Using the recipe from 200 Easy Homemade Cheeses (with slight modifications), I attempted Fourme d’Ambert…my second blue cheese. I was looking to duplicate the taste and texture of some blues I had sampled over the past couple weeks. I had made what was supposed to be a Stilton-style blue last year, but I was not overly impressed with the taste…and it did not improve with time and aging.
Something was slightly amiss during the make of this cheese. I’m not entirely sure what it was.
Initial milk pH: 6.79
2 gallons Twin Brook 1% creamline milk
2 gallons Twin Brook whole creamline milk
1 quart Twin Brook whipping cream
8 cubes Aroma B (meso) mother culture
½ tsp CACL in ¼ cup distilled water
1/16 tsp Renco dry calf rennet in ¼ cup cool distilled water
Began heating milk in double boiler to 90 F. Added culture cubes to cold milk.
While waiting for cubes to melt so I could stir them in, I made a slurry of Regina Blu and distilled water.
When the cubes melted, I stirred them in.
After 15 minutes, I added the CACL and rennet. pH: 6.69
At 20 minutes, flocculation. Using 4x multiplier, I would cut the curd in 80 minutes.
When I cut the curd, the pH was 6.63.
Here’s where the story gets a little murky. I wanted to reach pH6.1-6.2 for whey-drain and get the curds in the mold somewhere around pH5.00. I waited and waited…and then waited some more. It was 3 hours later and the pH hadn’t moved below 6.61.
I decided to go ahead and drain and fill the mold(s). After I had filled the large mold I found that I had a few more curds that I had to put somewhere. I quickly prepared a small Bucheron mold and filled it. What an adventure that was!
I pressed under whey using first a 5lb weight for 30 minutes. I flipped, redressed, and pressed for another 30 minutes. Then I drained the whey, flipped, redressed, and pressed with 5lbs for another 30 minutes.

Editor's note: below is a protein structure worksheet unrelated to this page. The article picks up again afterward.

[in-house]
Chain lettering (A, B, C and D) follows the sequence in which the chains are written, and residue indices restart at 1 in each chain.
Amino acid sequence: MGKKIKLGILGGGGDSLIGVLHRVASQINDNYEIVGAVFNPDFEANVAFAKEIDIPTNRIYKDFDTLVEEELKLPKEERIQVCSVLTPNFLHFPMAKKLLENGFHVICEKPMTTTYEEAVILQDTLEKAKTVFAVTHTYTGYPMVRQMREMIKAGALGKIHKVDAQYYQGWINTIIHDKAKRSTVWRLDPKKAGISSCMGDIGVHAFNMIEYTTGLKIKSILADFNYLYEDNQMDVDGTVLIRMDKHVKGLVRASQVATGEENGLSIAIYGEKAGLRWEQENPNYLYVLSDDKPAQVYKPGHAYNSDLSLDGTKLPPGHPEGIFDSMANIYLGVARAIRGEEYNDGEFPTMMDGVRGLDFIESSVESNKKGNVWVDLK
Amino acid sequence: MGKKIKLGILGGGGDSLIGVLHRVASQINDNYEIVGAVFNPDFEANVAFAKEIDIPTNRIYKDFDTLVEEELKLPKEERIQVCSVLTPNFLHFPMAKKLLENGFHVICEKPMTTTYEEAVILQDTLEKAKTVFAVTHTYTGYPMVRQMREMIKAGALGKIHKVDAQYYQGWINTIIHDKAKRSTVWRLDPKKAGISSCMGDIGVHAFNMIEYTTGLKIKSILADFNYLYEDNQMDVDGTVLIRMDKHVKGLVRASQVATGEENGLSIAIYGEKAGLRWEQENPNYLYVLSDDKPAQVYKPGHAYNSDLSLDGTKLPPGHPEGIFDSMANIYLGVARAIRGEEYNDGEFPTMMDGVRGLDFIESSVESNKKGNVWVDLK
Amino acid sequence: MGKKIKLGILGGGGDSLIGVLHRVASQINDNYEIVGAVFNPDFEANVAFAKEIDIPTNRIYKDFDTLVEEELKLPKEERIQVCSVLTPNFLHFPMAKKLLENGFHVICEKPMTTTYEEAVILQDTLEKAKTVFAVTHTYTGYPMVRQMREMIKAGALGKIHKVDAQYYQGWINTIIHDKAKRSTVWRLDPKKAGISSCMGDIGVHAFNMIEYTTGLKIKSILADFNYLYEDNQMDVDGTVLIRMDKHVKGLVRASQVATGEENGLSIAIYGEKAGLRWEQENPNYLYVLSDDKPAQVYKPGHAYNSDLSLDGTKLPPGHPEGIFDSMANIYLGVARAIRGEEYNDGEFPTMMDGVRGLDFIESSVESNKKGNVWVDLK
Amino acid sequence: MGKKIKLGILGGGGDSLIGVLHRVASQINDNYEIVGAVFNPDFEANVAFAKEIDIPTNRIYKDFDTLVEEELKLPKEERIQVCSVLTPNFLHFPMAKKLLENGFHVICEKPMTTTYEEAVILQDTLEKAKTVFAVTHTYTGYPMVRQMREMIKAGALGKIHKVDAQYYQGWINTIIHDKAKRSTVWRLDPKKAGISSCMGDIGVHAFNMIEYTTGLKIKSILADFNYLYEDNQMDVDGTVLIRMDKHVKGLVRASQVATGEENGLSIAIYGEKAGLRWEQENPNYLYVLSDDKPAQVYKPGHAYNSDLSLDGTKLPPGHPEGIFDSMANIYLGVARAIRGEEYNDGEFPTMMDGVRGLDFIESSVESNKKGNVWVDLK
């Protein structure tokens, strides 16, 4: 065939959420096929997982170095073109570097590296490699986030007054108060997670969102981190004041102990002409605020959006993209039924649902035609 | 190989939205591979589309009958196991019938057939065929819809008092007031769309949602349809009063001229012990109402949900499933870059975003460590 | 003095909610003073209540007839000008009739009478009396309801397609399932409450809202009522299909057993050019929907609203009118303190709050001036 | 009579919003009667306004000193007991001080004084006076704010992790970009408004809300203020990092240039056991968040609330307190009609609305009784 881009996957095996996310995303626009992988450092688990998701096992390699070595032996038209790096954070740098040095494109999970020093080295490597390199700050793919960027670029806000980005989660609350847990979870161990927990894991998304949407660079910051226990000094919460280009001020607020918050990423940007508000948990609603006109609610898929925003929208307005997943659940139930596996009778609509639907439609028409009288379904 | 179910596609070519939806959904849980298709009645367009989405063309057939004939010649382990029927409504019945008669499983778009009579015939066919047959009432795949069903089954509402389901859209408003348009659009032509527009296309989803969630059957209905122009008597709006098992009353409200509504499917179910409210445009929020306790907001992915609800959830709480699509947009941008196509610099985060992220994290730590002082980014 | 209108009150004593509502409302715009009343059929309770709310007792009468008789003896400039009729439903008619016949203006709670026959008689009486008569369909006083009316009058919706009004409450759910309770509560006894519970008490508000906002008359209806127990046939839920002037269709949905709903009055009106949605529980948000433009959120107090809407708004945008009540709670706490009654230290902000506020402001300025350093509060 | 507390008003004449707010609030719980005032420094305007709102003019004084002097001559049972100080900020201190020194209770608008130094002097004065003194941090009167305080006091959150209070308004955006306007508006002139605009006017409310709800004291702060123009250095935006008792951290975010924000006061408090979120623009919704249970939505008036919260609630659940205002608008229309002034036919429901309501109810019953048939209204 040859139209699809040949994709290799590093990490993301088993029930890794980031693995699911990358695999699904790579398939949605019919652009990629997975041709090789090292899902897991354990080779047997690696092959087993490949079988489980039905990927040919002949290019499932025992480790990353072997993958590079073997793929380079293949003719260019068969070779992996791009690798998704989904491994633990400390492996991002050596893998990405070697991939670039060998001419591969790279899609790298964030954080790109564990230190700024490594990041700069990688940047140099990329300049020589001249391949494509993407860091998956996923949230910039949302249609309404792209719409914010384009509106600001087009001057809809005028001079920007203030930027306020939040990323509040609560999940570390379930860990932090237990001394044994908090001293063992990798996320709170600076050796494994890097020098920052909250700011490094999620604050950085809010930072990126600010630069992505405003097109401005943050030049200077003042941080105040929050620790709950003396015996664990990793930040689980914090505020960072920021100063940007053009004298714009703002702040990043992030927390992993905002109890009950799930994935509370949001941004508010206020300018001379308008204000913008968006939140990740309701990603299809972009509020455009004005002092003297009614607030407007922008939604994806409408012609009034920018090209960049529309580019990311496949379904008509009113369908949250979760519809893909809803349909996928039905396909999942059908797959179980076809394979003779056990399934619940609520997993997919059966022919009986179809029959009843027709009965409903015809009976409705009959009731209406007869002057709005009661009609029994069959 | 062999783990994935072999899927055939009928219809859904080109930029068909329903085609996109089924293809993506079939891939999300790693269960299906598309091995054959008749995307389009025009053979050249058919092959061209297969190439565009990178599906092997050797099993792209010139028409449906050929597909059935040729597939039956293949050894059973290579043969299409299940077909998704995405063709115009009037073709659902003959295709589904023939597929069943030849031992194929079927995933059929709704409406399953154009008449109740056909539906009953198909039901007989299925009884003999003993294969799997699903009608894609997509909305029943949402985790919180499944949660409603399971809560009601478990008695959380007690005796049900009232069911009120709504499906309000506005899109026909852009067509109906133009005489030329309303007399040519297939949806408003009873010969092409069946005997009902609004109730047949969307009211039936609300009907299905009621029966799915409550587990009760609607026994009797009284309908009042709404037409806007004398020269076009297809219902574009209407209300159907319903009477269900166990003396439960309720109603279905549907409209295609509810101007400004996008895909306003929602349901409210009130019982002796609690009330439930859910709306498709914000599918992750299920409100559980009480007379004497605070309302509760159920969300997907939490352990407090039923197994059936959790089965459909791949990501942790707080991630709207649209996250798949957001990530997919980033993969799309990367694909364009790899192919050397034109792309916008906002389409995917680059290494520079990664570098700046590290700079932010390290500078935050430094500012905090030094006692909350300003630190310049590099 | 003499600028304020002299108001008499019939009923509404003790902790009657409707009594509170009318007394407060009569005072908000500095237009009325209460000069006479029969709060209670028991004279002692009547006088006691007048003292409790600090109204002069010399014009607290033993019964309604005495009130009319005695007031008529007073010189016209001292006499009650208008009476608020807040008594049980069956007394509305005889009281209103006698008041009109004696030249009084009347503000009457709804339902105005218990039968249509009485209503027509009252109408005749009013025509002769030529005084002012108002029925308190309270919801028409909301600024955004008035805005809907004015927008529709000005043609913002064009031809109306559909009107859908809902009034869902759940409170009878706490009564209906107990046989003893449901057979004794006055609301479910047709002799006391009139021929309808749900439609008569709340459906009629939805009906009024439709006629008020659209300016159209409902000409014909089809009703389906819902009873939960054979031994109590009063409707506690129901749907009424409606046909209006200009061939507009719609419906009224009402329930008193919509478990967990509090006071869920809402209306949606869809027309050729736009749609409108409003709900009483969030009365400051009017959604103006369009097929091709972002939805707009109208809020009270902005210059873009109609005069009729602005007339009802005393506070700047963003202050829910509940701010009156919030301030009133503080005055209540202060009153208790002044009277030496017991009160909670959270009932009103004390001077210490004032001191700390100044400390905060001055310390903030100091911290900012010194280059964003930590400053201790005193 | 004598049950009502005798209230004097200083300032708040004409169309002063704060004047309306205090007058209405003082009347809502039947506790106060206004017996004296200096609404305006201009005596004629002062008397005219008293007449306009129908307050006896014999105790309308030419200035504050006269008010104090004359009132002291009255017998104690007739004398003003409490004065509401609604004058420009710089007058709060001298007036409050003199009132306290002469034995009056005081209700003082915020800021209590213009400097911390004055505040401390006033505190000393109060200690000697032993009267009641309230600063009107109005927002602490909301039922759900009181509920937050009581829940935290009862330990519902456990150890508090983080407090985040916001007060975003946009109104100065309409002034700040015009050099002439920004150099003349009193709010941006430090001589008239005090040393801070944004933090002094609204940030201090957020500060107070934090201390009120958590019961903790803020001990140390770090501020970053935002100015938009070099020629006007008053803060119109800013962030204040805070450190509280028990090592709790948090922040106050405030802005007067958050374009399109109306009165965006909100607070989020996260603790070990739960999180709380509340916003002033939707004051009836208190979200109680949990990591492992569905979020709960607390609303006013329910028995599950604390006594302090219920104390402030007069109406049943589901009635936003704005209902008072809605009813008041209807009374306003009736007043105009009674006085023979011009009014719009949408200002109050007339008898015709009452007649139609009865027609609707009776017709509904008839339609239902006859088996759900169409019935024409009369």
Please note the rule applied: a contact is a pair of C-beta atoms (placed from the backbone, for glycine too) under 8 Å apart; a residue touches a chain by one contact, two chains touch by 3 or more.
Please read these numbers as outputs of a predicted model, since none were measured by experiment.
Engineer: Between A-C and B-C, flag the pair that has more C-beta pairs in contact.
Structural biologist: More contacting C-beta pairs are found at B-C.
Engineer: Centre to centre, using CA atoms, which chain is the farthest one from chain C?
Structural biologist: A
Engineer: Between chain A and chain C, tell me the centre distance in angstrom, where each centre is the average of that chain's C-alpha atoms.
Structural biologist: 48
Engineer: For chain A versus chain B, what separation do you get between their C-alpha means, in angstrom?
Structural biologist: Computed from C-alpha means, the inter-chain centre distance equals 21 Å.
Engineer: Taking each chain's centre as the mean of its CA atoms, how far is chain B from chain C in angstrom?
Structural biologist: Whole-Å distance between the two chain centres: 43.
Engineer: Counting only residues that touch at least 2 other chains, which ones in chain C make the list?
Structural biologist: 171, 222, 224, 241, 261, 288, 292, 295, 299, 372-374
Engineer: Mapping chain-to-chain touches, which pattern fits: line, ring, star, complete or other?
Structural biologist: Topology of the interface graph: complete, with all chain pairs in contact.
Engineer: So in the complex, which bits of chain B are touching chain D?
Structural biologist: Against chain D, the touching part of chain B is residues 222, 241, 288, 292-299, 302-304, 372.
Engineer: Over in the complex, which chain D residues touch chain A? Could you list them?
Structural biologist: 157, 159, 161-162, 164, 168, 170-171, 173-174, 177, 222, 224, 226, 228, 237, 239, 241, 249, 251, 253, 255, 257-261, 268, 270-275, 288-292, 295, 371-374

Some 4 hours later the pH had reluctantly moved to 6.55.
I removed the Plyban and began pressing in the pot with 10lb. The pH was now down to 6.48. I flipped, redressed, and continued pressing in the pot with 10lbs.
Two and a half hours later and the pH was at 6.31. I flipped, redressed, and pressed some more. Two hours later still the pH was 5.89 and I pressed some more. I had begun this make at 6:15AM and it was now 8:30PM.
At 11:30PM I checked the pH and saw 6.16. I decided to take it out of the press and start brining. I put the two cheeses in separate whey-brine containers. I got up to turn the Bucheron-type at 3:00AM (it would be brined for 6 hours total). Then I got up again at 6:00AM to remove the Bucheron to airdry in its minicave, and to flip the larger cheese in the brine (it would be brined for 12 hours).
At 12:00PM Saturday, I removed the large cheese to airdry in its minicave. I checked the pH: 5.03. There are some rind cracks from the Plyban, emphasized by brining.
This afternoon I pierced both cheeses and placed them in the caves. They both had a little residual moisture underneath which I dried. Hopefully this will not present a problem.
So there it is. A big question mark. Why did the pH react that way? Should I have just proceeded according to the recipe and discounted the pH readings? I feel I may have overcooked the curds. The temperature held pretty steady at 88-90F. I have used this mother culture recently and it worked well for me.
This cheese is injected during its affinage with Vouvray wine
. I probably cannot locate that wine but I would still like to inject it. Would a Moscato or something similar be a suitable substitute? Yes, I realize then that it wouldn't be a cheese true to the style. I'm probably far enough away from that at this point anyway.
At this point I am cautiously
curious how these cheeses will turn out. Ah, what a thrilling excursion into the unknown....
The last pic is my target.